A sustainable future
At a station with a battery compass, a hand generator and a motor, Nick Foltz, 11, was testing the different effects that a D battery and a 9-volt battery would have on a needle gauge.
Lance Dorman, Keegan Dougherty and Calley Smith, all 11, demonstrated how the chemical energy inside an apple could be generated into mechanical energy when conducted through a large zinc nail and a thin copper wire.
They rehearsed explanations of what they had learned so far this school year, and troubleshot when experiments didn’t go as planned.
Coordinating it all, under the guidance of Woods, was 11-year-old Kylene Franklin.
“I had to learn a lot of this,” she said. “I had to know what was going on to set all these up. ‘Cause if something went wrong, I would have to know how to fix it and how to keep their presentation going.”
The students were still just warming up for the night’s big event, but already their work was generating its own sparks of energy.
It was all part of their answer to a challenge Shenandoah County Public Schools’ Superintendent Jeremy Raley offered schools: “How can we use alternative energy in our schools?”
Woods jumped on the idea.
“I think they [the students] have some sense that we’re burning up the planet,” he said. “Of course I believe that, so they’re going to get that from me.”
Talking on wind energy, Nick demonstrated how strong winds spin the cardboard blades of turbines the students built and plan to use as examples of how larger, permanent turbines on school property might benefit their school and community.
“You can power wind for anything,” Nick said.
“Wind is automatically renewable, but I prefer solar because it even works at night,” he said. “Because solar panels have like a capacitor in them that stores energy for the night.”
But asked why everyone doesn’t use wind energy, he said he didn’t know.
For now, Woods is glad his students can’t answer questions of why. Because not thinking about the initial cost of beginning renewable energy programs keeps their minds focused on big ideas.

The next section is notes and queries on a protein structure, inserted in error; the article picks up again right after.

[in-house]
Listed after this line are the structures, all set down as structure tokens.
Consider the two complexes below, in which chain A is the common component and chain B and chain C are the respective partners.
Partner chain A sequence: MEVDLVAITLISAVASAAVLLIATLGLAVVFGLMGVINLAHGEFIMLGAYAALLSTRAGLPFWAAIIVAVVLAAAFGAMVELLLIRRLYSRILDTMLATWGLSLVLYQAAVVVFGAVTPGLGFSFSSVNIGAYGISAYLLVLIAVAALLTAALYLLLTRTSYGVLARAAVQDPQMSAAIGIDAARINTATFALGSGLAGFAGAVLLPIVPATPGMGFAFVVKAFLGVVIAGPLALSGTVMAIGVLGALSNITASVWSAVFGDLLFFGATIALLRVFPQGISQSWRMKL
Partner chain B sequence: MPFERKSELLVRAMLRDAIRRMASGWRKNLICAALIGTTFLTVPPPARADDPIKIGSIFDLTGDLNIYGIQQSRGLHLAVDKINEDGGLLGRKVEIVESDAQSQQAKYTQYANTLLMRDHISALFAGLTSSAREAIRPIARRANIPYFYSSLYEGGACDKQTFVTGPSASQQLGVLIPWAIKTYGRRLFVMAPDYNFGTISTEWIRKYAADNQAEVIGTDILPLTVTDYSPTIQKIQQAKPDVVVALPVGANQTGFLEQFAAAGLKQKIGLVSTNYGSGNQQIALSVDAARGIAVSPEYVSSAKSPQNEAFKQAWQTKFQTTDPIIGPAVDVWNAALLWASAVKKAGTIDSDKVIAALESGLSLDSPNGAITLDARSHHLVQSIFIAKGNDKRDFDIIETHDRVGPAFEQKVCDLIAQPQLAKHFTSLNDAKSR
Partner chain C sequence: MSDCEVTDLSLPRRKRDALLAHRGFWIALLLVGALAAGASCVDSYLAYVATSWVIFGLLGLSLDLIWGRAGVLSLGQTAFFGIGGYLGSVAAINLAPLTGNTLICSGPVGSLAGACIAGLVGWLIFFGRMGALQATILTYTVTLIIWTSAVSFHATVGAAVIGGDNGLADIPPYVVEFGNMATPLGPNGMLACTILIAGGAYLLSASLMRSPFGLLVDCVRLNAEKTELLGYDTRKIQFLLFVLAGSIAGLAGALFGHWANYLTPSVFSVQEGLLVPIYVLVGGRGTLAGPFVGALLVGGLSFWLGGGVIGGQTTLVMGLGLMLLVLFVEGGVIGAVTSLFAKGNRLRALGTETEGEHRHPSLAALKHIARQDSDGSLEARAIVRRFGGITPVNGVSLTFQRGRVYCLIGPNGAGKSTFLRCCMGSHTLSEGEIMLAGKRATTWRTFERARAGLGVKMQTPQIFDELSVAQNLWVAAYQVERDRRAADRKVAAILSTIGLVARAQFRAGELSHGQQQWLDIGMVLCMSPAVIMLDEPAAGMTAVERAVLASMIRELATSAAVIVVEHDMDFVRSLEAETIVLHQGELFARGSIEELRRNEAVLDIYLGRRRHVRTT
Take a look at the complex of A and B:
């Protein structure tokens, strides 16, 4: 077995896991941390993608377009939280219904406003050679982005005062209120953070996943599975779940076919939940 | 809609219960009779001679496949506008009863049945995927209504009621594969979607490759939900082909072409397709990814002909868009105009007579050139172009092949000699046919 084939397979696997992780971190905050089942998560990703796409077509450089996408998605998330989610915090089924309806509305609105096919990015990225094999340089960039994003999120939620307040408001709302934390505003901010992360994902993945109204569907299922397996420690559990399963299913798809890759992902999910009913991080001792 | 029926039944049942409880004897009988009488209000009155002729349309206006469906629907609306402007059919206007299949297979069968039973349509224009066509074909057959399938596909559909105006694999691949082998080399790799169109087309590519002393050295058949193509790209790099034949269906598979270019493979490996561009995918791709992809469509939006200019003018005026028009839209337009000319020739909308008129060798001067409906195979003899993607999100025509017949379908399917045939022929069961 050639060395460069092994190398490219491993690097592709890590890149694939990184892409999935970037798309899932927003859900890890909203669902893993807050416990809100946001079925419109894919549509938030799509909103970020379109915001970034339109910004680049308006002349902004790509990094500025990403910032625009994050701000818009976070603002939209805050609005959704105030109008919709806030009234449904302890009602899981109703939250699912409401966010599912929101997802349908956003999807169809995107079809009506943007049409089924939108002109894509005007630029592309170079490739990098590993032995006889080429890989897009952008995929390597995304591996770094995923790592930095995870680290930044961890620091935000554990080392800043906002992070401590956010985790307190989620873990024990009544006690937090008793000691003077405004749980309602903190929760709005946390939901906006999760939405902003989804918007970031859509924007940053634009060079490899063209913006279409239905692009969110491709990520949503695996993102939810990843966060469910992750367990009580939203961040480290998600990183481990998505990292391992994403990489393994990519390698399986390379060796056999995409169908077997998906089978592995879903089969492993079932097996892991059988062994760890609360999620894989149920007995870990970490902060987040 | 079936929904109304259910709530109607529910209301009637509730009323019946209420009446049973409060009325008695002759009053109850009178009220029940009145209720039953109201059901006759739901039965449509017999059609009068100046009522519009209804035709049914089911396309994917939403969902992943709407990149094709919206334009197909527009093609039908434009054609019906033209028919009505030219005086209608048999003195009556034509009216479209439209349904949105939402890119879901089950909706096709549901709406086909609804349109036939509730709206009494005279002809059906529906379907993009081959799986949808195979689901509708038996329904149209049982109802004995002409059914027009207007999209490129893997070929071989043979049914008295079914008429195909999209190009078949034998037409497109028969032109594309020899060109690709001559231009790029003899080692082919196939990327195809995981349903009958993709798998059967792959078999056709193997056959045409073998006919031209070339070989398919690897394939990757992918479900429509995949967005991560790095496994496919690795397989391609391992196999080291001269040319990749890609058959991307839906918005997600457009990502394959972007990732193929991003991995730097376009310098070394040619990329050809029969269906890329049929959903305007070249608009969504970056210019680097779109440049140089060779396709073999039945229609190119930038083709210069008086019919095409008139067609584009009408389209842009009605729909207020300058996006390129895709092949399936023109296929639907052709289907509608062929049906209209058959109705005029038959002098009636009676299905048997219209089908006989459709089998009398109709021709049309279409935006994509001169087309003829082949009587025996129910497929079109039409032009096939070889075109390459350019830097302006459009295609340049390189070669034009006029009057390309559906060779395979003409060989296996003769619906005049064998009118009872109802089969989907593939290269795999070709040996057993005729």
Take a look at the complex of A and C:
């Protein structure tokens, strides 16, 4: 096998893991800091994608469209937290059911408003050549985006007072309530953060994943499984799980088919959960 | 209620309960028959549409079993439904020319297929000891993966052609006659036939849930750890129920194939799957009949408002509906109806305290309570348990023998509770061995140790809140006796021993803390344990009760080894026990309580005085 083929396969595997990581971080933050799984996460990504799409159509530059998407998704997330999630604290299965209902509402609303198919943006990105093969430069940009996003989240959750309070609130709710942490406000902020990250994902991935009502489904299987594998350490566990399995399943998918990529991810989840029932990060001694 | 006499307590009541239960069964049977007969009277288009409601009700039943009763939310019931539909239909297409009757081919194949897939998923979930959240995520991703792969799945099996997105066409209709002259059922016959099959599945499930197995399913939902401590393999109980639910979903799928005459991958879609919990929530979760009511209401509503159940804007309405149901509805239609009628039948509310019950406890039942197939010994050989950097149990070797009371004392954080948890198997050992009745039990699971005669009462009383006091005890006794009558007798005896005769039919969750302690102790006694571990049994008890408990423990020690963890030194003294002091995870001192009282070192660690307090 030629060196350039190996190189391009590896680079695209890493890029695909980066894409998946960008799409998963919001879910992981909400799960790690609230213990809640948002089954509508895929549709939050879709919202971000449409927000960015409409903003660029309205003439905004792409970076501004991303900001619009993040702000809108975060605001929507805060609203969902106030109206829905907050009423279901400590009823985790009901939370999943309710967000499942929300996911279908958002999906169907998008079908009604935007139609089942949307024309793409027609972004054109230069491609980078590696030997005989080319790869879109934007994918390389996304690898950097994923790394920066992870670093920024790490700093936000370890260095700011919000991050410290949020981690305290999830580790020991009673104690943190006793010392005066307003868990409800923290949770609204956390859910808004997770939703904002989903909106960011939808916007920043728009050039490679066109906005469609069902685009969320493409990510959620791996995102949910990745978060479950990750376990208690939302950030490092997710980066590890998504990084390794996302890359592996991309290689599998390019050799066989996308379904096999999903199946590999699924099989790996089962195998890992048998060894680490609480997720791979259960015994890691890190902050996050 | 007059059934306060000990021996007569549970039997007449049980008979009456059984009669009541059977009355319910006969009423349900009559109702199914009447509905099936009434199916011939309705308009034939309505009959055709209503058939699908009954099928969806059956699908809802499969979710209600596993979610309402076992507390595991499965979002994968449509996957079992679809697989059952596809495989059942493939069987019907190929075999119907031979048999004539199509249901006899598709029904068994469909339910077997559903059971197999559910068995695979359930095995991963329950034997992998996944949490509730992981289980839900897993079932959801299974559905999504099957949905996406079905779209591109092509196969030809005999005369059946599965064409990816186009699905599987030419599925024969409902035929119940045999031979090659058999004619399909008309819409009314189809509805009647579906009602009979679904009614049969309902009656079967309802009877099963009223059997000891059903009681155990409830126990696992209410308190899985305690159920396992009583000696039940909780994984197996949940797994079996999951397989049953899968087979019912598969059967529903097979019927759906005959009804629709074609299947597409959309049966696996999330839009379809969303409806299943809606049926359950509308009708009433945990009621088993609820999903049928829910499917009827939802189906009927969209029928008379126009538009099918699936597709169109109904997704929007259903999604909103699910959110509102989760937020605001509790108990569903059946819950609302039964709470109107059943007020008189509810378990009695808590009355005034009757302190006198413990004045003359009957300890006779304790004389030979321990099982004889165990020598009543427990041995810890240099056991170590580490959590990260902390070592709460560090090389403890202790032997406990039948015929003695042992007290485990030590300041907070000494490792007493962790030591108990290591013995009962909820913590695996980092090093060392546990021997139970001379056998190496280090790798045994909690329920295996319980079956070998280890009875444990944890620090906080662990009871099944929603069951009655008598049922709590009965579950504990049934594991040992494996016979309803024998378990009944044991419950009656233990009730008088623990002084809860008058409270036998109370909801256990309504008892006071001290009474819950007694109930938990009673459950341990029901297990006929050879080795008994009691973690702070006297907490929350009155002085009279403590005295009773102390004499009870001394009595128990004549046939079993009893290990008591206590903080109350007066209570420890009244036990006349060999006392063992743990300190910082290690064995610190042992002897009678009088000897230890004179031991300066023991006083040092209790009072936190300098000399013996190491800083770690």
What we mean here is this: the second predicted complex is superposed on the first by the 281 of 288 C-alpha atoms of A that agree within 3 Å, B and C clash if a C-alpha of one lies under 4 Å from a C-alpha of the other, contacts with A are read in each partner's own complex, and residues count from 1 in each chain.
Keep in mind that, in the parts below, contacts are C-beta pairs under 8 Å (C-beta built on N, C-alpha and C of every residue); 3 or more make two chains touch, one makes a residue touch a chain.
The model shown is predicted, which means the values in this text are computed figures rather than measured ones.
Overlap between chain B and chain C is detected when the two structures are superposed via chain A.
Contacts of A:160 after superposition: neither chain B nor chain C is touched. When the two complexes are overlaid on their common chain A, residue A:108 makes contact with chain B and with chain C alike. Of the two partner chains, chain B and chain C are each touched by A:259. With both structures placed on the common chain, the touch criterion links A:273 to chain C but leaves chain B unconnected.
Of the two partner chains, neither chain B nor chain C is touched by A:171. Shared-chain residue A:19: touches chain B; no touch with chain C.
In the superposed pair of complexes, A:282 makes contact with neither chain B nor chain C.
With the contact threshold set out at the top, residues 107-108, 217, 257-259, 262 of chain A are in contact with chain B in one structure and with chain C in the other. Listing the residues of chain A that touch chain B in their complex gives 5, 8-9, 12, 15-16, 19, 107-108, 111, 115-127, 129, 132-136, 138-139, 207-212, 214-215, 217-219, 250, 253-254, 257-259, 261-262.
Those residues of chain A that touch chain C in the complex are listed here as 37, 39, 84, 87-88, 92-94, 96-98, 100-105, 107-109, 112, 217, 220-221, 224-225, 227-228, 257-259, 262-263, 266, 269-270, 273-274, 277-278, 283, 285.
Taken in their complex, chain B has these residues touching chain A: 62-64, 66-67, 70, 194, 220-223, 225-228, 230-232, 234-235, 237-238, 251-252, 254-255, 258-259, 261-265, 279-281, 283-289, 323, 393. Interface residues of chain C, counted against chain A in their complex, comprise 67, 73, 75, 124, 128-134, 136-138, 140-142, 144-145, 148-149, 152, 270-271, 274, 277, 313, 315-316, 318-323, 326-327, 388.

Because in truth, he said, part of the answer is fear of change and fear of renewable energy not projecting a pretty exterior that only masks a society running on fossil fuels.
Wind turbines, he admitted, are kind of an eyesore in areas where they might line a mountainside otherwise unmarked by progress.
But rather than students saying “Ooh, how ugly,'” he suggested. “Rather than having that mindset, which many of them are living with in their homes, I believe they can look at a wind turbine and see it as a symbol. I really believe that. A symbol of energy independence, and we’re going to clean the place up.”
Next semester, his classes will study global warming as part of a unit on water and climate. And if all goes well, they’ll also be able to start planning a net-zero science classroom recycled from a storage building in a now defunct modular space.
Part of the students’ goal Thursday was in applying for a partnership with James Madison University in Harrisonburg, so together the schools can work with area businesses to fund the installation of turbines and solar panels at North Fork Middle.
“Net-zero means it uses no power from the grid,” Woods said. “[It’s] designed net-zero from the beginning, first of all. It starts with design.”
“And that leads to, ‘Why can’t we start thinking in terms of having net-zero schools?'”
Contact staff writer Josette Keelor at 540-465-5137 ext. 176, or email@example.com